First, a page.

By: Joelle Renstrom, Boston University
The Environmental Protection Agency first warned ofsecondhand smokein1991, some30 yearsafter scientists determined that smoking cigarettes cause cancer. Today, agrowing body of researchpoints toward a new indirect health hazard.
By not limiting their own phone use, parents and other caregivers may be unwittingly setting kids up to be addicted to screens.
A decade ago, the unwillingness – or perhaps the inability – of the college students in mywriting classesto stay off their phones for 50 minutes at a stretch catalyzedmy interestin screen use. And my students have only grown more unwilling to put down their phones, a trend that has also gotten worseoutside of my classroom.
Curious about my students’ phone use, I began researching screen addiction and conducting my own surveys. Roughly20% of my studentshave used the word “addiction” when describing their phone habits, and many more have expressed misgivings about their phone use.
While I encourage them to examine their habits, I blame students less for their tech addiction than I did a decade ago. They’ve learned this behavior from adults – in many cases since the moment they were born.
Checking Twitter in front of kids is not the same as blowing smoke in their faces. Smartphones and cigarettes do, however, have some things in common. Both areaddictiveand both became wildly popular before researchers learned about their addictive properties and health dangers.
On average, American adults touch their phonesover 2,500 timesa day. According to theAmerican Psychiatric Association, that fits the definition of addiction: “a condition in which a person engages in the use of a substance or in a behavior for which the rewarding effects provide a compelling incentive to repeatedly pursue the behavior despite detrimental consequences.” While researchers continue to study the effects and extent of phone use, thescientific consensusis that phone addiction is real.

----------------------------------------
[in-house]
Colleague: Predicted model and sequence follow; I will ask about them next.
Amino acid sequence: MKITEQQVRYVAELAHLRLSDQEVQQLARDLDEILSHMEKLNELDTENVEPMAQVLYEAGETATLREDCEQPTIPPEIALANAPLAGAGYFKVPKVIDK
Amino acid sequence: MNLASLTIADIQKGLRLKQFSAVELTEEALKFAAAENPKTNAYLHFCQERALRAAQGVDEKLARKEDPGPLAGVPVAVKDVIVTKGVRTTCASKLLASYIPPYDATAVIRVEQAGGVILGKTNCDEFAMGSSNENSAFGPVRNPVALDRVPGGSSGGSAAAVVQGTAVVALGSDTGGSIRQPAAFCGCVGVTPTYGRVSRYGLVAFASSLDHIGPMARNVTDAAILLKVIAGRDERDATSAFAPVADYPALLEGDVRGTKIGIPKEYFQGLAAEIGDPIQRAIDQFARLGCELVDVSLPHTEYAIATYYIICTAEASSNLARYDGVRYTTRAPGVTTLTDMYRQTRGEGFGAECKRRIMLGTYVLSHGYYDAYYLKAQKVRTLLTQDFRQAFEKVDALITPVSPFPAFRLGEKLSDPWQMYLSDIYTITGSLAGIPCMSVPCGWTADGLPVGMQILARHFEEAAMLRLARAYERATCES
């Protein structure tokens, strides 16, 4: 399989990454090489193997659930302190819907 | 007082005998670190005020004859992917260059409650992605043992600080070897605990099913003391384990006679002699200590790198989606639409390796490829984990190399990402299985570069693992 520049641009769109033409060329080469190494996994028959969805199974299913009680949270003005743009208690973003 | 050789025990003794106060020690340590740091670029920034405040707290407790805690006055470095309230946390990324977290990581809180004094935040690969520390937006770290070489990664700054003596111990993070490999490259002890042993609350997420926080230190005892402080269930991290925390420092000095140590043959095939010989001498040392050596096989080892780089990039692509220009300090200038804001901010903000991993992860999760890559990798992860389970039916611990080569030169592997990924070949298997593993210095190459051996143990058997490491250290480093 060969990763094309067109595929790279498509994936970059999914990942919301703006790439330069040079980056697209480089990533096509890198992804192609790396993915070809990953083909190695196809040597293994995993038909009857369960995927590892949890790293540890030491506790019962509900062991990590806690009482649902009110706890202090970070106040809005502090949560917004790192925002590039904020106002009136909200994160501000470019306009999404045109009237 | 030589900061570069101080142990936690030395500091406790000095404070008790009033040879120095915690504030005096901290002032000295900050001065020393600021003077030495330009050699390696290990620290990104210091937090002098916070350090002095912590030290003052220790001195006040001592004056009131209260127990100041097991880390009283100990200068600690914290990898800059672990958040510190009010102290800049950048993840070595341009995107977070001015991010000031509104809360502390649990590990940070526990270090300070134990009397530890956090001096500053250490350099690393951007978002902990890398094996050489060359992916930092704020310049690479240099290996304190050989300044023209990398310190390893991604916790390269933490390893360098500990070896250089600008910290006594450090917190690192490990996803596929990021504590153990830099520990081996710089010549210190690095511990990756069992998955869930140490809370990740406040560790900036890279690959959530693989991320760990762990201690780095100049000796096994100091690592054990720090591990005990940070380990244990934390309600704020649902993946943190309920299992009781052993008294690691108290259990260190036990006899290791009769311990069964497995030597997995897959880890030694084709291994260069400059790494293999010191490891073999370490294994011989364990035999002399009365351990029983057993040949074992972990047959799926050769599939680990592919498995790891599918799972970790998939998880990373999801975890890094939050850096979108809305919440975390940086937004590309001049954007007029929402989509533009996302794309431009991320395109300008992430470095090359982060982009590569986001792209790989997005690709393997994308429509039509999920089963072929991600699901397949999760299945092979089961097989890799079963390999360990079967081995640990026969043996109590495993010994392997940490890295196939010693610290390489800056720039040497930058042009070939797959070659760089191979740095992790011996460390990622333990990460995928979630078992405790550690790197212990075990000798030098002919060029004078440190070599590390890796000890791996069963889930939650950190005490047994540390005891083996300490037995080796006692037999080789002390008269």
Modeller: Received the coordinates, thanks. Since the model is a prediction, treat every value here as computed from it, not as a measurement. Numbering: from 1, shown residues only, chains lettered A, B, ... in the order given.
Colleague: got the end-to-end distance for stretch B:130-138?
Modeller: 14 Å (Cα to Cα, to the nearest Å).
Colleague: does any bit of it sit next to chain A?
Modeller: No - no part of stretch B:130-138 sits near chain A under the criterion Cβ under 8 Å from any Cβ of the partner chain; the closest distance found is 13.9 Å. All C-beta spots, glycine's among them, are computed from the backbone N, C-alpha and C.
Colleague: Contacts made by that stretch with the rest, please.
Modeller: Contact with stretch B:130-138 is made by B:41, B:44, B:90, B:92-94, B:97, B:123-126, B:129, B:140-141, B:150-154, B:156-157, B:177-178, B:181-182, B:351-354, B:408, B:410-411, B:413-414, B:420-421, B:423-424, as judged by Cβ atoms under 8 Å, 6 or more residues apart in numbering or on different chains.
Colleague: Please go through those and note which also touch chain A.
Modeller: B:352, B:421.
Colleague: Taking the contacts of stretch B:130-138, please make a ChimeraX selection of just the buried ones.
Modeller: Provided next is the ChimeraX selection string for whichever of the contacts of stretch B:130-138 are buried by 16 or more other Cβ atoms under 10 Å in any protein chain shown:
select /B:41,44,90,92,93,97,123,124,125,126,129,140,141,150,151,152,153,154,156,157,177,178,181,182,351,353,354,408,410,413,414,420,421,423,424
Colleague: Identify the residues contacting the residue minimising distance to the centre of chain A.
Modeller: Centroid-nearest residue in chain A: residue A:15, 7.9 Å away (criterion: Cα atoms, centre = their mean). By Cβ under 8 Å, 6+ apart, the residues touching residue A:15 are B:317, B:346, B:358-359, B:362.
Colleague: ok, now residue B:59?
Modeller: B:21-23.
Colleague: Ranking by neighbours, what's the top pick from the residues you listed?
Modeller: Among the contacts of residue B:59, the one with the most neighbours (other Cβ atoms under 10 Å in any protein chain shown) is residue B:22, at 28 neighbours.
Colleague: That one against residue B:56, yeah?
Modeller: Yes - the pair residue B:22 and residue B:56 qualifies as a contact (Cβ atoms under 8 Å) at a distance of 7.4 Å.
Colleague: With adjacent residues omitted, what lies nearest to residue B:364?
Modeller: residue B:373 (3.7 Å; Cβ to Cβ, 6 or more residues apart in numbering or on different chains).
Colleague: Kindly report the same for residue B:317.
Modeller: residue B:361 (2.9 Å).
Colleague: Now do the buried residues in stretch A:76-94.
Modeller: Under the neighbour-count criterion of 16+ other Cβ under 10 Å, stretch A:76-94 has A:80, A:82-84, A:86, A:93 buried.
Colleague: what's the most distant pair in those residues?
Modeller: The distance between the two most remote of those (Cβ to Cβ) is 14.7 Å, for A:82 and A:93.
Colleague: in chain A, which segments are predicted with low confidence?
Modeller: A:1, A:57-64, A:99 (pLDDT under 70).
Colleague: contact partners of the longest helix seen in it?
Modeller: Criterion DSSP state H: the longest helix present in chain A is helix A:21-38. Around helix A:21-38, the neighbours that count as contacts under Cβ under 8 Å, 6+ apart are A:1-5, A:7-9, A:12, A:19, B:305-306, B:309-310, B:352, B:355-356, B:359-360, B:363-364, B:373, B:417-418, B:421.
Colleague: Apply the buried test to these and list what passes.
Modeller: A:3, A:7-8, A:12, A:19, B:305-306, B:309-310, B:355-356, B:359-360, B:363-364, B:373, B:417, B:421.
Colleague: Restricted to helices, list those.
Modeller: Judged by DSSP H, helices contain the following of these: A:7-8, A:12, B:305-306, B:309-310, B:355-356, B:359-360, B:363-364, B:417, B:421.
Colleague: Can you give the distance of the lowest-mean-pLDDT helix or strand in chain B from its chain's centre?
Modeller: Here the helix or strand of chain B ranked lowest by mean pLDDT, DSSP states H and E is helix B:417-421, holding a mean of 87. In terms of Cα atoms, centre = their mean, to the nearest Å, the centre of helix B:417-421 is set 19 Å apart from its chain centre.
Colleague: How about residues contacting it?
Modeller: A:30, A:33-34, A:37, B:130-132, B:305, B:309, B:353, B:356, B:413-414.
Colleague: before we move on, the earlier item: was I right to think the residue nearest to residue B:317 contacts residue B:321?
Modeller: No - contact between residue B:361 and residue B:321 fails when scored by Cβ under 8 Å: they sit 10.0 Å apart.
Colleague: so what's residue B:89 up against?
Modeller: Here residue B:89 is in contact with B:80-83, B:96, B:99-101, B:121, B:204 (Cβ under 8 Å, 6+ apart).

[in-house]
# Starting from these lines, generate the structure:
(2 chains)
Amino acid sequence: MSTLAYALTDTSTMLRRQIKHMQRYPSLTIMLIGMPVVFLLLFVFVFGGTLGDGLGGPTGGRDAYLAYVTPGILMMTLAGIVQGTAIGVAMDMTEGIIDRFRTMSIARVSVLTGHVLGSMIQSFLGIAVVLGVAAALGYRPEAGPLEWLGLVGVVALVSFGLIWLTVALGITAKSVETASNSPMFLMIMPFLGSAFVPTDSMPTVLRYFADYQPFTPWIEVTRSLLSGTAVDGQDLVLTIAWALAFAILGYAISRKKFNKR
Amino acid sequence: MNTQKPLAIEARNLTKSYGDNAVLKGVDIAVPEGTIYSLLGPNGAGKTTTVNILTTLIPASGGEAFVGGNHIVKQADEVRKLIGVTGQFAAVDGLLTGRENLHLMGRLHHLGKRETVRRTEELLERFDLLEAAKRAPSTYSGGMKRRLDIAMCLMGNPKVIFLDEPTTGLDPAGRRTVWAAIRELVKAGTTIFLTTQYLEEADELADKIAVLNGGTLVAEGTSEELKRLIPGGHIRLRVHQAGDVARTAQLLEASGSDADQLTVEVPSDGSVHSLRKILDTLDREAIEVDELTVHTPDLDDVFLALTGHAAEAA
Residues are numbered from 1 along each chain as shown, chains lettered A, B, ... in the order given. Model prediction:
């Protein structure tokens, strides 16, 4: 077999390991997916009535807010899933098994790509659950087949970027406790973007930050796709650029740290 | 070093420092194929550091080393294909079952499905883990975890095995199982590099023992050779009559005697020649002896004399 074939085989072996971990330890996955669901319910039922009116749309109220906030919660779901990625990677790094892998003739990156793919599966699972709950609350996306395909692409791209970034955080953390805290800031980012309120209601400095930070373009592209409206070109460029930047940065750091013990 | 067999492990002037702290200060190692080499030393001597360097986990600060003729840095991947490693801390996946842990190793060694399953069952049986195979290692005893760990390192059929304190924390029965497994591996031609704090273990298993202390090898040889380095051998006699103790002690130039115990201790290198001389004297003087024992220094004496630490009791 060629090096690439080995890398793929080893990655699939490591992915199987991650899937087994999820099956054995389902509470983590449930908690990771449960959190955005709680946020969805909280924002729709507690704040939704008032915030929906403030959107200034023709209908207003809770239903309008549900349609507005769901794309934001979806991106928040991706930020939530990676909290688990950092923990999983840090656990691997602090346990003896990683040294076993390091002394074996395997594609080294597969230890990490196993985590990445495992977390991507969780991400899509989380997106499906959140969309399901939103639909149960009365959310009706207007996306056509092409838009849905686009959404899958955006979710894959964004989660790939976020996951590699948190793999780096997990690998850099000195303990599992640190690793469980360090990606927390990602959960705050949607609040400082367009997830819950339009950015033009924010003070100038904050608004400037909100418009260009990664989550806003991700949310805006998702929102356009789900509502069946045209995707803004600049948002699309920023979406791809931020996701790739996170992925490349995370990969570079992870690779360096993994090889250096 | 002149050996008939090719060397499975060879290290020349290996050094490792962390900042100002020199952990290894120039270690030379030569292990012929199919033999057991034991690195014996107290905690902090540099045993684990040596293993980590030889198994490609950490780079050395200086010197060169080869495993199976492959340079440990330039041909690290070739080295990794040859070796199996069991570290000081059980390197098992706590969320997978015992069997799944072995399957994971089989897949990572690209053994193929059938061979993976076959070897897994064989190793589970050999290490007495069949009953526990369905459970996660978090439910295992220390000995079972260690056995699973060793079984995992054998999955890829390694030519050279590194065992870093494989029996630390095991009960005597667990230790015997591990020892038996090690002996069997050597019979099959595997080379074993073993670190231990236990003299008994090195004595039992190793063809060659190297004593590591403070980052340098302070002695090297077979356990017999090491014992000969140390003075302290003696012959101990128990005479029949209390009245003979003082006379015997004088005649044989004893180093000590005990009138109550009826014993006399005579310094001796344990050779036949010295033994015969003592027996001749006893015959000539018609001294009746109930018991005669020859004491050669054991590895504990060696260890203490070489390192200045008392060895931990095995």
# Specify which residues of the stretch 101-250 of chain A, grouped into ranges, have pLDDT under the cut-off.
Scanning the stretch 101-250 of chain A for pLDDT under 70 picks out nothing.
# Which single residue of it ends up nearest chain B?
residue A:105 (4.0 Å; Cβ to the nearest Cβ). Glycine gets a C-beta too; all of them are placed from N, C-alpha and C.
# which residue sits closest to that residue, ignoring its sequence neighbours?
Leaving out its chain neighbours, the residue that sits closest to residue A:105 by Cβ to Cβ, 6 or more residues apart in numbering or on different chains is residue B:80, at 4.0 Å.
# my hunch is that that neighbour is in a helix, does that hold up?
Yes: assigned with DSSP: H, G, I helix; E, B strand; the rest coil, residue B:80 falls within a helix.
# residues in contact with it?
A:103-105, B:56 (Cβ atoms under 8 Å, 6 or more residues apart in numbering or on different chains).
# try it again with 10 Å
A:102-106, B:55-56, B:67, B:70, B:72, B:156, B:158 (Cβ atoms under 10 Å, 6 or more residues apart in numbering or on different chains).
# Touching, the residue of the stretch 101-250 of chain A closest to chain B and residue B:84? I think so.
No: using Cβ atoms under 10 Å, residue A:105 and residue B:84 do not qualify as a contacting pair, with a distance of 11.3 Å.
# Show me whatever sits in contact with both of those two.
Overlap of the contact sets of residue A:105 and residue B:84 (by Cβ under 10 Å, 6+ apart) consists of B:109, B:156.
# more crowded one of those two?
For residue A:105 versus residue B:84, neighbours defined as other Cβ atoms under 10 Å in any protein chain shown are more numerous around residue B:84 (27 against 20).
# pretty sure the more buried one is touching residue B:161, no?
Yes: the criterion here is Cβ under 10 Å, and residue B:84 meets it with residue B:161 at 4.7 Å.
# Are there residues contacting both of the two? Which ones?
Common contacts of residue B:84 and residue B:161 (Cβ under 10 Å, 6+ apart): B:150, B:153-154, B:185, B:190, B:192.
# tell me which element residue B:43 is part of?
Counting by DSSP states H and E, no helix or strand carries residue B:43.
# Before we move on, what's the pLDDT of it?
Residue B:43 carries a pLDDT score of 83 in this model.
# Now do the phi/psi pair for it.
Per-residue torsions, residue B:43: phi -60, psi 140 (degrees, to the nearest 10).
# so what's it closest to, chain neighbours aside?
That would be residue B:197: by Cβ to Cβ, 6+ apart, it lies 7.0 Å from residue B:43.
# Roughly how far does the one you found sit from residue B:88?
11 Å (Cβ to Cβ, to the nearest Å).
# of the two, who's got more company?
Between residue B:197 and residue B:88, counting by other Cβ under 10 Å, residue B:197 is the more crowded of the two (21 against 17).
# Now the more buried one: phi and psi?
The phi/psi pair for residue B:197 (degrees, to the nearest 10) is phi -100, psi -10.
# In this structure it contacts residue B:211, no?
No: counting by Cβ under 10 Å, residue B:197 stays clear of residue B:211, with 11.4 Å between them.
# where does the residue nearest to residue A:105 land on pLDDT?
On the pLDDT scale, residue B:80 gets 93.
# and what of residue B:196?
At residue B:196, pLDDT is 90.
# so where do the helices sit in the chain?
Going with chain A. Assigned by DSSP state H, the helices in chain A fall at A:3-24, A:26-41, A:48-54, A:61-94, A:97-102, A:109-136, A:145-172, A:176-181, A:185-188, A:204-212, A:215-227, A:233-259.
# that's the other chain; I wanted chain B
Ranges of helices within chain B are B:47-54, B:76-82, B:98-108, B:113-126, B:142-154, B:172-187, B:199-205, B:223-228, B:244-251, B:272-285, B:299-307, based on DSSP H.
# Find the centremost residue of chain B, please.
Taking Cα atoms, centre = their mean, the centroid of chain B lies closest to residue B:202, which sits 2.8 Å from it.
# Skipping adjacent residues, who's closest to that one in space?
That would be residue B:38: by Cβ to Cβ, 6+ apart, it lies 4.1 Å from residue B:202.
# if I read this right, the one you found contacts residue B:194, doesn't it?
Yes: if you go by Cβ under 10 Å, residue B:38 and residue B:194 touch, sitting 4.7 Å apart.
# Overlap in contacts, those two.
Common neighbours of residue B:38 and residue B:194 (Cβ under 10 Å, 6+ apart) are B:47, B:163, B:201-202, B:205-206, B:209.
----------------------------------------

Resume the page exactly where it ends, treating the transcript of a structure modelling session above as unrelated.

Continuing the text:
What’s a parent to do while nursing or when an infant falls asleep on one’s chest?
Perhaps they’ll read the news, check email, text friends or scan social media parenting groups. A phone or tablet can be a portal to the rest of the world – after all, caring for small children can be isolating.
But kids, evenbabies, notice these habits. They see parents reach again and again for a seemingly magical object that glints and flashes, makes sounds and shows moving images.
Who wouldn’t want such a wonderful plaything? Trouble is, if the desire for a phone builds in infancy, it can become second nature.
Some researchers have already found links between excessive screen time, particularly phone use, andattention deficits,behavioral issues,sleep problems,impaired social skills,loneliness,anxiety,anddepression.
Researchers from Cincinnati Children’s Hospital Medical Center and Israel’s Educational Neuroimaging Center recently published a study inJAMA Pediatricsthat focused on cognitive-behavioral risks of exposing preschool-aged kids to screen-based media. That includes video games, TV, websites and apps. Phones are particularly problematic, the study found, because they provide mobile access to all of this media. They found that screen exposure impedes the formation of nerve systems involved in language development, expression, and reading skills.